While Samsung may have slipped up during the first week of Apple v. Samsung with its contumacious attorney, the company jumped into the second week of the trial recharged and on the attack.
The day began with Justin Denison, Samsung’s strategy head, taking the stand to testify on a library of email exchanges that Apple alleges include planning by Samsung employees to copy the iPhone.
One of these emails originated from J.K Shin, Samsung’s head of mobile communications, to his designers outlining the importance of minimalism — a prominent iPhone design trait — in future Samsung designs.
The email exchange began in February of 2010, a month prior to the launch of the first Galaxy S.
“All this time we’ve been paying all our attention to Nokia, and concentrated our efforts on things like Folder, Bar, Slide,” Mr. Shin wrote. “Yet when our UX is compared to the unexpected competitor Apple’s iPhone, the difference is truly that of Heaven and Earth.”
“It’s a crisis of design,” Shin wrote.
Mr. Denison, for his part, claimed that this was the first time he had seen the emails and said he couldn’t speak directly on their content but attempted to downplay some of the language used in the emails.
“Samsung does an excellent job of remaining very humble, self critical and maintaining a sense of urgency within its own ranks to drive hard work and innovation,” Mr. Denison said. “We want to change so that it never rests on its laurels and becomes complacent. So you hear a lot of hyperbolic statements like ‘crisis of design’ and ‘heaven and earth.’”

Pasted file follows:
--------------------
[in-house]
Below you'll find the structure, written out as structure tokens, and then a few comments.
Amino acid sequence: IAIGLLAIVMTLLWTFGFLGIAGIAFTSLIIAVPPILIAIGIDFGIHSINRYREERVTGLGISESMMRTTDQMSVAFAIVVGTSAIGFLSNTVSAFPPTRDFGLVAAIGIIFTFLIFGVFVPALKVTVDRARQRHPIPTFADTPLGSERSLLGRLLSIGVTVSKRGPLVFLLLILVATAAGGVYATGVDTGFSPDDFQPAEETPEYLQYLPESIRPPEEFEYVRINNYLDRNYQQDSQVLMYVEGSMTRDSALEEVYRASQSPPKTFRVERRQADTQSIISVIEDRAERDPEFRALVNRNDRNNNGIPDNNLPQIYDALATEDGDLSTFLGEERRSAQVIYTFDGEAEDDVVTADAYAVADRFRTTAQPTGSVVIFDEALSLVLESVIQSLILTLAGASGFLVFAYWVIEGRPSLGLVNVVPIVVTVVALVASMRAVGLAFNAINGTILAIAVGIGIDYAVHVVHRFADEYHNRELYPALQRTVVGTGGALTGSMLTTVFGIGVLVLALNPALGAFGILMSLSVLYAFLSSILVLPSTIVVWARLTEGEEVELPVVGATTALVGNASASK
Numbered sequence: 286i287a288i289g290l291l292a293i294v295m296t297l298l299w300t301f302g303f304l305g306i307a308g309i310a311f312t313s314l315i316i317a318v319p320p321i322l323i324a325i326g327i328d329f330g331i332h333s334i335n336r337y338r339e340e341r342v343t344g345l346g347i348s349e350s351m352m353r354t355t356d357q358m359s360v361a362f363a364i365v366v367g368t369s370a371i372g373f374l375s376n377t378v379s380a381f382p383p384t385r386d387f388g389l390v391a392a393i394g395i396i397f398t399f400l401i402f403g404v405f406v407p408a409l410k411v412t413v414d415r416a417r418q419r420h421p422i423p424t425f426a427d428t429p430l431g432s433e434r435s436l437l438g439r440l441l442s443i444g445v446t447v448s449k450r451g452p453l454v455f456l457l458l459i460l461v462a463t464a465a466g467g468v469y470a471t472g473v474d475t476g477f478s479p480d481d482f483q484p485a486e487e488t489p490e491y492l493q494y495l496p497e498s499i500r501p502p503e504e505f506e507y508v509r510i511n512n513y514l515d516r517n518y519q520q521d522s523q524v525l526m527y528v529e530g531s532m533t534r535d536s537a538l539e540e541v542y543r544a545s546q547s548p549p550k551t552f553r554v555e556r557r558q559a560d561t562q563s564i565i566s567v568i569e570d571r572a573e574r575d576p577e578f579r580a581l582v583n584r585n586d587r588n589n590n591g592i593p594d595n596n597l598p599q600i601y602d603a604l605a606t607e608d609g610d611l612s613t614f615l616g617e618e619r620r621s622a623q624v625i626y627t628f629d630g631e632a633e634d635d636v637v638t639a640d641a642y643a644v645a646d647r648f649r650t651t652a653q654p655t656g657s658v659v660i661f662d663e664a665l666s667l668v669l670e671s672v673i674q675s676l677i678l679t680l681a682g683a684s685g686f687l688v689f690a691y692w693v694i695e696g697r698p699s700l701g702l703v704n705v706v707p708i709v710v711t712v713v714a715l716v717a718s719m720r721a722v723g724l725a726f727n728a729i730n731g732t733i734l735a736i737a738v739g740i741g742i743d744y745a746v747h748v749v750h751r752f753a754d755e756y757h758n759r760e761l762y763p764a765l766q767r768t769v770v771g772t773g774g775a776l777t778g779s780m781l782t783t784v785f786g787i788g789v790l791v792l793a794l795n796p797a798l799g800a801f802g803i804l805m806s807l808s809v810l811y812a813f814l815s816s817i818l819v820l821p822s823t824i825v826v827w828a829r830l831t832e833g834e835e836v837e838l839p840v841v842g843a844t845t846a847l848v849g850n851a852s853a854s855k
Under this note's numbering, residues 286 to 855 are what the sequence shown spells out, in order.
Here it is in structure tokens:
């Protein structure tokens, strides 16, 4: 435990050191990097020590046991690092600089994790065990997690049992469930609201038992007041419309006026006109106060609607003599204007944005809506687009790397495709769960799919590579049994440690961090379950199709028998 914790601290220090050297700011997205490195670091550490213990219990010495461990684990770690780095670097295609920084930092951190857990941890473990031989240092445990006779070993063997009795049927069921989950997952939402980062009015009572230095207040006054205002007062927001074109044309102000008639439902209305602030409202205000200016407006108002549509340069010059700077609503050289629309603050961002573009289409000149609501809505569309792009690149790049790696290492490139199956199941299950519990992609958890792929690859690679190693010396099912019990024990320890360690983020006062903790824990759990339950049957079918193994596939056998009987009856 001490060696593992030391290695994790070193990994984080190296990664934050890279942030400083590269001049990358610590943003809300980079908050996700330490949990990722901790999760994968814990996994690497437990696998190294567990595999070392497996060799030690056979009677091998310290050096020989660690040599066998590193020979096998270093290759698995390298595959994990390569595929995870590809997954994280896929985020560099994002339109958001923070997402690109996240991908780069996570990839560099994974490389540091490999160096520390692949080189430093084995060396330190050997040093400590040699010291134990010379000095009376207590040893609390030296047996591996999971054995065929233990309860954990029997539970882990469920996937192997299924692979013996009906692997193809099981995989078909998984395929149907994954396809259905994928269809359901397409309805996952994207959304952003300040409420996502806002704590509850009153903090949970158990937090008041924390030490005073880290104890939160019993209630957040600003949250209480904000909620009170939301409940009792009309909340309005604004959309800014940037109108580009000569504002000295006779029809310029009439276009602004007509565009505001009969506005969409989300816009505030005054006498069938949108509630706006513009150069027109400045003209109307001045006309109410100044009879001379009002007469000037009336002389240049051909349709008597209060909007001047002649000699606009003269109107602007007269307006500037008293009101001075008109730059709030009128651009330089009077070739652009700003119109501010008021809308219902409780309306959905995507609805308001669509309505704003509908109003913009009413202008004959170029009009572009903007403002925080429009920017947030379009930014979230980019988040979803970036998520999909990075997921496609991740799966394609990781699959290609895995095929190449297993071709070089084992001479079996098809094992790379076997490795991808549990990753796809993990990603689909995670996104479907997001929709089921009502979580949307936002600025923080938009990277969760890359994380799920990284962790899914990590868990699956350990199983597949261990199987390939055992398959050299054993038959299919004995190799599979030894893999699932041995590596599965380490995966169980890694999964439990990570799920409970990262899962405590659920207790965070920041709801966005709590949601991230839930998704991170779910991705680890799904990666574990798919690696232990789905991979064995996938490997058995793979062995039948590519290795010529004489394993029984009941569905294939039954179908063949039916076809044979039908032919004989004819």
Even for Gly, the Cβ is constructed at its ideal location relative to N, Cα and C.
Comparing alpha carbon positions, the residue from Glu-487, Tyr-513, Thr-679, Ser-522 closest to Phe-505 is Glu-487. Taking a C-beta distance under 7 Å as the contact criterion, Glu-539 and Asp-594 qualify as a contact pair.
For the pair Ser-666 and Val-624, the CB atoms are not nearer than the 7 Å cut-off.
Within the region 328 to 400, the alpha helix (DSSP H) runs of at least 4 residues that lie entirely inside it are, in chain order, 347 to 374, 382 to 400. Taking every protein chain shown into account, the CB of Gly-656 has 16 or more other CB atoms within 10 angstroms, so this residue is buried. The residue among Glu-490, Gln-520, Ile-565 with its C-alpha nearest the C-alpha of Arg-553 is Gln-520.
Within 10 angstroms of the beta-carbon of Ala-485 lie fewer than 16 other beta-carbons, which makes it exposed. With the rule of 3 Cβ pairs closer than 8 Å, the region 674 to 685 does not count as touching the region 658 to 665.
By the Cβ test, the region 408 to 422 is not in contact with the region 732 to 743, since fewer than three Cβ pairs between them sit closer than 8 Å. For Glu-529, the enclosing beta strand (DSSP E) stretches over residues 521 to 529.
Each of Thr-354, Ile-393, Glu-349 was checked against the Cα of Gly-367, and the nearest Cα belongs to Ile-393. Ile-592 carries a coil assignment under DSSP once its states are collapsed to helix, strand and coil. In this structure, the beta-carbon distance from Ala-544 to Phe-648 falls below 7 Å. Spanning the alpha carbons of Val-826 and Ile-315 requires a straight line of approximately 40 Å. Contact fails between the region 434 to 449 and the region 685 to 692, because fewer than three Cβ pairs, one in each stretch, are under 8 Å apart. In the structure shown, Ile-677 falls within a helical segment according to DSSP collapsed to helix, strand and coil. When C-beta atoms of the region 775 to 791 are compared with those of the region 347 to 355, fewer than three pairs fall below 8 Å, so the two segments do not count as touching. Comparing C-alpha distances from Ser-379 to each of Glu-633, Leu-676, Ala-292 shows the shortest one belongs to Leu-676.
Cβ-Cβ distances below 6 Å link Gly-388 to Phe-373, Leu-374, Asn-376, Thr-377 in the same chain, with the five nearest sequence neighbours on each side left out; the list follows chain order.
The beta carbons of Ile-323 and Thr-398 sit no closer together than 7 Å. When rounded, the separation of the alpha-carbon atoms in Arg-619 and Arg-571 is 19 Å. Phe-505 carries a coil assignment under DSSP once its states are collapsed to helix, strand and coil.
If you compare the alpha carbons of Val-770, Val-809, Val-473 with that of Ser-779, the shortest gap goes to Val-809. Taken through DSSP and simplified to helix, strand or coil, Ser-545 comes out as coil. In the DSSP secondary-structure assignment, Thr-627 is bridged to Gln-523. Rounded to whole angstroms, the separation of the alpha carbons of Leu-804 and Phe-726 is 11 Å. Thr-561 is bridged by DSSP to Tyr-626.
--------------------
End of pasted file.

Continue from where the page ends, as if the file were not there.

He did, however, argue that Apple hasn’t always been the first to bring new technologies and trends to market, noting that Samsung was a pioneer with high-resolution smartphone screens as well as voice commands — something Samsung didn’t feel “[ripped] off” by.
Mr. Denison also argued on the stand that brand confusion, according to Samsung’s research, doesn’t exist because of the sheer amount of time consumers take to research a new smartphone purchase. Samsung’s research claims this number is around six weeks.
“Consumers do a considerable amount of study and take a considerable amount of time to make their phone choices,” he said.
Next on the stand was Apple’s ‘expert’ witness, Peter Bressler. Mr. Bressler had previously worked for Apple, and was paid $75,000 to be a consultant for the case.
Mr. Bessler argued that Samsung was infringing on Apple’s intellectual property and patents.
“It is my opinion there are a number of Samsung phones and two Samsung tablets that are substantially the same as the designs in (the iPhone and iPad) patents,” Mr. Bressler testified.
Samsung attorney Charles Verhoeven was quick to argue that Mr. Bressler was merely a hired ‘hired gun’, and was partisan to Apple because of his financial relationship with the company.
Tags: Apple v Samsung